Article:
New COVID-19 cases confirmed in Dickinson County

Tuesday, May 19, 2020
File photo

This story has been updated to reflect an eighth confirmed case in Dickinson County that was reported early Wednesday, May 20.

Iowa Department of Public Health officials on Monday identified a seventh positive case of COVID-19 in Dickinson County. The positive test came from a female, age 60-80. Local health officials were also informed of another positive case in the area around 7 a.m. Wednesday, May 20. The county's eighth case is a female between the ages of 45-60. Both of the new cases are recovering at home, but health officials said they do not know where the individuals contracted the virus.

"Thankfully, positives have been sporadic, but they serve as a reminder to wear a mask at all times when you are not able to socially distance, such as in fitness centers, grocery stores and home improvement stores," Brandon Rohrig, director of Dickinson County Population and Public Health said. "The restrictions have relaxed, but the virus is still here and will continue to be here, so we ask people to please stay vigilant."

The county's first case was identified March 26 involving a man between the ages of 61 and 80.

The second case was identified April 19 involving an adult male between the ages of 18-40.

The third Dickinson County case was identified locally on Monday, April 20, by an out-of-county test and was also a male between the ages of 18-40.

The county's fourth case was diagnosed Wednesday, April 22, involving a male patient between the ages of 60-80.

The LRH staff learned Friday morning April 24, about a fifth Dickinson County case a female, also age 60-80.

The six local case was identified April 26. She also was a female age 60-80 who lives in the county.

Pool photo by Kelsey Kremer

State testing validated

Gov. Kim Reynolds announced Thursday the state's COVID-19 test initiative Test Iowa was validated by the U.S. Centers for Disease Control on Wednesday, May 13. She told reporters the State Hygienic Lab's tests were shown to be 95 percent accurate in detecting positive cases of the novel coronavirus, and 99.7 percent accurate in detecting negative cases. The governor said the validation process usually requires five positive samples to be confirmed by the CDC, but the state lab chose to confirm 100 positive samples to earn its validation.

"They went above and beyond to make sure that Iowans had the comfort level, and that we had the comfort level, that we needed in utilizing Test Iowa," Reynolds said.

The initiative was launched April 21 in partnership with Nomi Health and DOMO. The two companies had helped launch a similar initiative in Utah. The $26 million contract with Nomi Health and DOMO gained the state access to some 500,000 FDA approved tests, according to Reynolds. Federal funding from the CARES Act was used to cover some of the cost.

"Test Iowa is a big part of our long-term recovery plan," Reynolds said, later saying the state's testing saw an 800 percent increase over a period of two months. "We could not have expanded our capacity to this level this quickly without this opportunity."

The state has set up seven drive-thru Test Iowa sites across the state so far, and another is expected to open in Storm Lake on Saturday. Other locations include Des Moines, Sioux City, Waterloo, Cedar Rapids, Denison, Davenport and Ottumwa. The state is also in the process of establishing a Test Iowa call center for added efficiency.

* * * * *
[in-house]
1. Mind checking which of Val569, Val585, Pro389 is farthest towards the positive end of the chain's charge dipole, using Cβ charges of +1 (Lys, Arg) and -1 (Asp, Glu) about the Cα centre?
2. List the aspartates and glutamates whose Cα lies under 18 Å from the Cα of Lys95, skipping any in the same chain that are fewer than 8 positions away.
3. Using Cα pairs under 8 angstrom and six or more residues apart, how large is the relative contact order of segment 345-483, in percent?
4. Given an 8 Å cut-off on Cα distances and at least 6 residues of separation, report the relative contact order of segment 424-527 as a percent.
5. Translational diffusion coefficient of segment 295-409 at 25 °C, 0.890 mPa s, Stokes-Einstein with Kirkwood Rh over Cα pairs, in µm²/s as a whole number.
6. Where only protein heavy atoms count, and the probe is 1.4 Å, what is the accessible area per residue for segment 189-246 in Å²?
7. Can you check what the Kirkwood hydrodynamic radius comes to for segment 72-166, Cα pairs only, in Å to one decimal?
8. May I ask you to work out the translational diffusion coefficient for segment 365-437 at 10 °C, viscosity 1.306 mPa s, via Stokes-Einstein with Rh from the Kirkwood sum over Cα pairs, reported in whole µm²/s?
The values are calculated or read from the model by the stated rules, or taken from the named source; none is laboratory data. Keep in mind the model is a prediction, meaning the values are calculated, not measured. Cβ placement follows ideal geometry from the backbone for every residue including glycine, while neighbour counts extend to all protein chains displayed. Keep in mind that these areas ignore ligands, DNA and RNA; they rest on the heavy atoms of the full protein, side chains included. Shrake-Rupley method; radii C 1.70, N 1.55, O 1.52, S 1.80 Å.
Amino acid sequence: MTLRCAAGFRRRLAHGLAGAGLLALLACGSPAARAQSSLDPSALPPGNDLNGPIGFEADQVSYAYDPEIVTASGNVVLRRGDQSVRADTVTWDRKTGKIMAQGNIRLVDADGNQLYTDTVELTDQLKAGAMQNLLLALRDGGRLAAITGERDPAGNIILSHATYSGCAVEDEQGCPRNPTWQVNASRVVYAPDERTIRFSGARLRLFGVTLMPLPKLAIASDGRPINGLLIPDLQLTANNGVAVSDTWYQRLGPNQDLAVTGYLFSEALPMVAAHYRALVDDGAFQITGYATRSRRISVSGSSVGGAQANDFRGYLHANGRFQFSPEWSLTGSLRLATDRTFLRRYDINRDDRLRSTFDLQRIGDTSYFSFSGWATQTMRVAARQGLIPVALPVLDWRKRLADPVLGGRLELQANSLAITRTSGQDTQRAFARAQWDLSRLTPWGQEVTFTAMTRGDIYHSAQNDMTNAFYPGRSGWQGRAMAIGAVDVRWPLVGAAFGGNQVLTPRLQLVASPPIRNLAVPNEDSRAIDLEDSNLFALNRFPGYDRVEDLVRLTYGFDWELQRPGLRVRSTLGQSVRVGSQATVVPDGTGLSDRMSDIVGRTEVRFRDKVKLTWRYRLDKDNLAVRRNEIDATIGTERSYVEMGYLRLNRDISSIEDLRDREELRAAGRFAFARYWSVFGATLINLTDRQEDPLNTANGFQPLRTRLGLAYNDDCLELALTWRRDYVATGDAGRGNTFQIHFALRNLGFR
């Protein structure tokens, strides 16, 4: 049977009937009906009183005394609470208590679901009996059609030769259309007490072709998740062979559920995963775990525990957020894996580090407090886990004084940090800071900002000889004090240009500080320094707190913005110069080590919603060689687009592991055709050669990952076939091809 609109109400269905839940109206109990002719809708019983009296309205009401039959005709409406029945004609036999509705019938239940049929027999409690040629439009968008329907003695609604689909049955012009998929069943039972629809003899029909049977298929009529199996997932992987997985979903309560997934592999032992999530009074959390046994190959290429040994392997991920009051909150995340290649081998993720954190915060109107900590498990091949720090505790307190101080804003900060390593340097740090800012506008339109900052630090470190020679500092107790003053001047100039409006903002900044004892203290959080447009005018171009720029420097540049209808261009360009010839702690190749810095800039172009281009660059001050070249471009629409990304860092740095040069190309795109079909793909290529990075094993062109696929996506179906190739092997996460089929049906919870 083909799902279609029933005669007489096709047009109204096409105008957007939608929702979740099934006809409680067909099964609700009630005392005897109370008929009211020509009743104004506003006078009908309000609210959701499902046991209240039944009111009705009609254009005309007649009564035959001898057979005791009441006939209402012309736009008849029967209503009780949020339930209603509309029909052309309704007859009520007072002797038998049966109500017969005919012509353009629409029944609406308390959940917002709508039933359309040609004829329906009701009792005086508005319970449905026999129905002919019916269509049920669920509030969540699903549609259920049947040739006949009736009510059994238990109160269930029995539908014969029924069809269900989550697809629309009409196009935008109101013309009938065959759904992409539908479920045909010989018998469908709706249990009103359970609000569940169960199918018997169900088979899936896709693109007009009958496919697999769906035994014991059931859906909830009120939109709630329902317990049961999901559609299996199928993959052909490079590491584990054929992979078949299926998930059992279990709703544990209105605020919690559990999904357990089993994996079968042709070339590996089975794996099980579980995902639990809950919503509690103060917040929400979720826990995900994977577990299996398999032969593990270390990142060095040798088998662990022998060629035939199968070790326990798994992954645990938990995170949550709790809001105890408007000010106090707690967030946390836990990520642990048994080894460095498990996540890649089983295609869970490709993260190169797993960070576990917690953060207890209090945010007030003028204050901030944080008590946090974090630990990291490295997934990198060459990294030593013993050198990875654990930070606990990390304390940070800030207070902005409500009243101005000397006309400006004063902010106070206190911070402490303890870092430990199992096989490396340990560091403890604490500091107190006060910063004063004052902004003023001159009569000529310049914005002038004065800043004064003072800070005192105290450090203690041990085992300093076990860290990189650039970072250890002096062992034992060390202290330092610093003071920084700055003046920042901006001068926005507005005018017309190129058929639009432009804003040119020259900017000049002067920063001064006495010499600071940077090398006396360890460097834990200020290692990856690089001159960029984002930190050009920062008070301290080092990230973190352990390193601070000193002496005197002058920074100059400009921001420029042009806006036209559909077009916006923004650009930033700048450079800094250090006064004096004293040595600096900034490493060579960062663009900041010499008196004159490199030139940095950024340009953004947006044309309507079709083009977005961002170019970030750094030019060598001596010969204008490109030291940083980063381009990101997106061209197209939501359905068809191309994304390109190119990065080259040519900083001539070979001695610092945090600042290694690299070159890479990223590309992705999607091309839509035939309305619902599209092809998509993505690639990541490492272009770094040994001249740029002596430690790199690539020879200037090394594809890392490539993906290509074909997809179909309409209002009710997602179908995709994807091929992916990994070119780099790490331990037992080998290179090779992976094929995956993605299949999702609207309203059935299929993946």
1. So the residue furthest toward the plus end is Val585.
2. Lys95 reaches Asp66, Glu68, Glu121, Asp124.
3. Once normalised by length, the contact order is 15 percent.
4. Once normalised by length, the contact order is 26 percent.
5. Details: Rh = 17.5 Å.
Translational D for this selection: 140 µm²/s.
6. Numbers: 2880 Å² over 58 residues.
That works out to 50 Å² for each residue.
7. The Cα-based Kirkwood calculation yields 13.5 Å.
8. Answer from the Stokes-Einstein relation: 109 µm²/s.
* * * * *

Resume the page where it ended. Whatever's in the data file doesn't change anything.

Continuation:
"Now that the lab has completed the validation process, we expect more tests will be processed more quickly and your results will be delivered on a timely basis," Reynolds said.

The governor also told reporters the state has the ability to run about 5,000 tests each day an estimated 3,000 through the Test Iowa sites and at least 2,000 through the state lab. Iowans can see if they qualify for testing by taking an online assessment through Test Iowa, or through their local health provider who may recommend testing or possibly administer a test themselves. More than 89,000 Iowans or one out of every 35 have been tested to date, according to state numbers, and the governor said parameters to qualify for Test Iowa will be less strict now that the tests have been validated by the CDC.

"The State Hygienic Lab is keeping theirs a little bit more narrow because we want to make sure, if we would happen to see a spike, that we would have adequate test supplies there too," Reynolds said.

As of Thursday, the statewide positive cases numbered 13,675, with 6,231 recovered and 318 dead. The state's elderly population continues to be the most at risk of fatal complications from the virus especially those in long-term care facilities. Sarah Reisetter, deputy director at the Iowa Department of Public Health, said 180 or 57 percent of the deaths so far have been residents of long-term care facilities. She said there have been 35 confirmed outbreaks in such facilities statewide. Reisetter went on to say the state had reached out to care facilities before the first outbreak occurred to put mitigation and response measures in place. Some 9,000 tests have been sent to long-term care facilities since May 1, according to the governor, in addition to more targeted efforts when hotspots of viral activity are recorded. Reisetter said 95 percent of Iowa's 400-plus care facilities have taken advantage of testing.

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